Ethiopia to extend Tullow Oil exploration permit as data studied


Ethiopia to extend Tullow Oil exploration permit as data studied


ADDIS ABABA, Ethiopia (Bloomberg) -- Ethiopia will grant Tullow Oil an extension to its exploration license after the company reported “encouraging” results in its search so far, Mines Minister Tolesa Shagi said.

“We will definitely grant them because they’ve done so much and we appreciate whatever they’ve tried to do,” Tolesa said in a phone interview from the capital, Addis Ababa Oct. 14. “We try to assist them as much as possible.”

Tullow, based in London, requested more time to analyze data from drilling and seismic surveys in southern Ethiopia, the company said in an emailed response to questions on Oct. 14. Two out of four wells drilled by Tullow and partners Africa Oil Corp. and Marathon Oil Corp. in the past two years show they may contain petroleum deposits, it said.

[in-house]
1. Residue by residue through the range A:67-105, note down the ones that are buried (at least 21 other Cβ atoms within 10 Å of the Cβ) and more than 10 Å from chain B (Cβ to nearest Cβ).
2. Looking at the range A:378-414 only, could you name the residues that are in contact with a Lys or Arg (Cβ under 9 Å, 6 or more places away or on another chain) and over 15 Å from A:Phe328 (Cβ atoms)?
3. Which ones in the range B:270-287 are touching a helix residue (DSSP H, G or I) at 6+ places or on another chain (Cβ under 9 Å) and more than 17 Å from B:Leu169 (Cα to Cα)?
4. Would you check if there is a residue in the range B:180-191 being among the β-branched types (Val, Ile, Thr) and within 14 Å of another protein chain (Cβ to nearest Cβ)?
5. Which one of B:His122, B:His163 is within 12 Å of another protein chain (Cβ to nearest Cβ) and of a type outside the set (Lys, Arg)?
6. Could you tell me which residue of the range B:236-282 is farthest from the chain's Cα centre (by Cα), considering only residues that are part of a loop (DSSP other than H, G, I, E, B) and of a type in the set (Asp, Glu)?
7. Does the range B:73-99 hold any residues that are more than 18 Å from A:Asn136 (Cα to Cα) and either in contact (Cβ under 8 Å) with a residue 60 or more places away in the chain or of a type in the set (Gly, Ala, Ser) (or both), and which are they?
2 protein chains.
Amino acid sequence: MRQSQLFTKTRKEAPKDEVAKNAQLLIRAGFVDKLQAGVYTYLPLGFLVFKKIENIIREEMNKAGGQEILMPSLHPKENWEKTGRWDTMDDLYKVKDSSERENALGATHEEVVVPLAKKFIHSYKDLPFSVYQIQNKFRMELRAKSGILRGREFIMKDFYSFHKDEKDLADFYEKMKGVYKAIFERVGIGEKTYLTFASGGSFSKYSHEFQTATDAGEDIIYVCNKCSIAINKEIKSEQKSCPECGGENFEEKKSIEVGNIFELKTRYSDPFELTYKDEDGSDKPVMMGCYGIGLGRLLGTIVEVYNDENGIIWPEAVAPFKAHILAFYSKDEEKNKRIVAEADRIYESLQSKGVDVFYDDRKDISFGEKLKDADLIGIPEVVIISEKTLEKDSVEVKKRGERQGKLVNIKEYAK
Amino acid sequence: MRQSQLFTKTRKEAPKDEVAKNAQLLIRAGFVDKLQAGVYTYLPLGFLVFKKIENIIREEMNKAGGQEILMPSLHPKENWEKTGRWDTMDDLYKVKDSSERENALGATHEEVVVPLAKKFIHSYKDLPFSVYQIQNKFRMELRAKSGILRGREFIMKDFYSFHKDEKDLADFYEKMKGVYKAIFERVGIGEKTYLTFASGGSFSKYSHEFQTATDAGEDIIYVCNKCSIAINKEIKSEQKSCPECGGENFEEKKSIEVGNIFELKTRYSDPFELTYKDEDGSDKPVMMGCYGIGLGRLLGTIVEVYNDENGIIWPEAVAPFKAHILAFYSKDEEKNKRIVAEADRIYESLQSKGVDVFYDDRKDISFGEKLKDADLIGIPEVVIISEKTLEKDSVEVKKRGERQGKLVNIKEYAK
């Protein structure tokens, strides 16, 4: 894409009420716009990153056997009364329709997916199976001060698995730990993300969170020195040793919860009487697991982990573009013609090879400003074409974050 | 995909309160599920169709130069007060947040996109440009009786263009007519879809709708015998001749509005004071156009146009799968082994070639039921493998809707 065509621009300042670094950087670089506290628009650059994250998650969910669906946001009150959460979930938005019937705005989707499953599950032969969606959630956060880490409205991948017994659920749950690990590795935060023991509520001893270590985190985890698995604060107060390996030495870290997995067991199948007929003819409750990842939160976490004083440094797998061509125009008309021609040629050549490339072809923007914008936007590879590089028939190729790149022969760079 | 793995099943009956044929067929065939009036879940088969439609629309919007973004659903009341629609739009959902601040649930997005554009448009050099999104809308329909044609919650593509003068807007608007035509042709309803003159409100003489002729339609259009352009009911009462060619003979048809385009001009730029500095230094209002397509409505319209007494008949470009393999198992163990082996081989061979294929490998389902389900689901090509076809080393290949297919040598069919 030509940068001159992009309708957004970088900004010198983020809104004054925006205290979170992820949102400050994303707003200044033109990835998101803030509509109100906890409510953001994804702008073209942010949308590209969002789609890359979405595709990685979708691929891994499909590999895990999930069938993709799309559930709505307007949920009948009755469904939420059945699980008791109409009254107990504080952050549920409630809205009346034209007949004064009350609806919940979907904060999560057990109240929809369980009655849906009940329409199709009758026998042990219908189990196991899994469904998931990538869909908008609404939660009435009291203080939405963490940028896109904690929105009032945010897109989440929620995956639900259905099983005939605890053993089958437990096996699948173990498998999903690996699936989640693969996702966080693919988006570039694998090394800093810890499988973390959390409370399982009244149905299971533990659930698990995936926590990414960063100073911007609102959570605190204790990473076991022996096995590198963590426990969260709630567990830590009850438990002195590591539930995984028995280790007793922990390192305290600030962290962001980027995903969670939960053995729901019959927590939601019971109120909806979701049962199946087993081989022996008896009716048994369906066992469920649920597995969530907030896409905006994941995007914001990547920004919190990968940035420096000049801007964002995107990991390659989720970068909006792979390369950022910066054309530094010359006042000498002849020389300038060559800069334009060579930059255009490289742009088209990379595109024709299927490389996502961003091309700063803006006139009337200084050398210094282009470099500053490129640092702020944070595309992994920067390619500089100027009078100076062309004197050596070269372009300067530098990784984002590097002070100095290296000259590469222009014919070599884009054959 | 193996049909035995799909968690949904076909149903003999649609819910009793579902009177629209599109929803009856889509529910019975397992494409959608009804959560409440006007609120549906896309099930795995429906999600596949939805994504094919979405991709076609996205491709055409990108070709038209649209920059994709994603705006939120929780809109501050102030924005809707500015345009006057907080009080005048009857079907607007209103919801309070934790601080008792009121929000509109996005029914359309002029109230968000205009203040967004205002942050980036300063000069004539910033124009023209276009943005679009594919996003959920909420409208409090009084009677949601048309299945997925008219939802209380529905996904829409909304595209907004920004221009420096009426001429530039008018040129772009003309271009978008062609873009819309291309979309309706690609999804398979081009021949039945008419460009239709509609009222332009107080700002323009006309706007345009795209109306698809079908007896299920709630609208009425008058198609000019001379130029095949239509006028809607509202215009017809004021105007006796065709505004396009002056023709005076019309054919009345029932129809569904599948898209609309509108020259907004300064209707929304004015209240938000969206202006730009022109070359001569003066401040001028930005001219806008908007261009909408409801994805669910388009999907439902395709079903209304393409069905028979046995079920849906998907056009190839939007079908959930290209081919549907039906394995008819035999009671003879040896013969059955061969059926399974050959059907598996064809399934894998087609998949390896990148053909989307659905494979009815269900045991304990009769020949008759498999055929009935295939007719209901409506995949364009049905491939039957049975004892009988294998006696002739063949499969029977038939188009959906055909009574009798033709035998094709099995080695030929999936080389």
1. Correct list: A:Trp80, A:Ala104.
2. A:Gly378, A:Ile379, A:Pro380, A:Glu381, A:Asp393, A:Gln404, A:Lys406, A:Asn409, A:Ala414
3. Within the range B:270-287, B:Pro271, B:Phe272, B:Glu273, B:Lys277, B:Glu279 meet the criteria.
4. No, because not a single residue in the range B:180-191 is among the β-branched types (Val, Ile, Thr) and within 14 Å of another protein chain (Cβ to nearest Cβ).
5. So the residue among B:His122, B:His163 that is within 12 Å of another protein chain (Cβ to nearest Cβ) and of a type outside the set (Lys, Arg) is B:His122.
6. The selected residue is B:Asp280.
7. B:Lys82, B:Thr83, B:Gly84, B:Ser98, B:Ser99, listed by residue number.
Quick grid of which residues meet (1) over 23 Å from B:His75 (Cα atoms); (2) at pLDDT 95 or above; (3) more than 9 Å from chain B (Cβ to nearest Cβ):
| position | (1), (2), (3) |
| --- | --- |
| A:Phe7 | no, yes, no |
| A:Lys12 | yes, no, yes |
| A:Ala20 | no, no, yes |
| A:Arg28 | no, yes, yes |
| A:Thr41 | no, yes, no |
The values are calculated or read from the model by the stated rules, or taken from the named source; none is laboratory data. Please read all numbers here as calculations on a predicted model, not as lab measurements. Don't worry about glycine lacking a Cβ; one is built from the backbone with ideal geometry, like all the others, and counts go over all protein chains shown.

“The hydrocarbon shows in the South Omo basin wells are indicative of a working petroleum system and therefore the acreage in Southern Ethiopia remains prospective,” it said. “We are currently examining the substantial volume of drilling and seismic data collected to decide our future exploration plans.”

The size of the concession in southern Ethiopia is 5.4 million acres, according to Marathon Oil’s website. Tullow is focusing on East Africa’s Tertiary Rift that extends into Ethiopia. It struck oil on the same formation across the border in neighboring Kenya in 2012.

Gas Deposits

No oil or gas is produced by Ethiopia, though there are an estimated 4 Tcf of natural gas deposits in its eastern Somali region where a unit of China Poly Group Corp. is working.

Tullow is moving almost all of its staff out of Ethiopia after no oil was found in the country, the Addis Ababa-based Reporter newspaper said Oct. 11, citing Operations Manager Nick Woodall-Mason. No more work would be done during the last two years of the exploration license, it said.

While staff in Ethiopia will be reduced during a drilling break, “suggestions that Tullow will leave only a skeleton staff in Ethiopia for the next two years are incorrect,” the company said Oct. 14.

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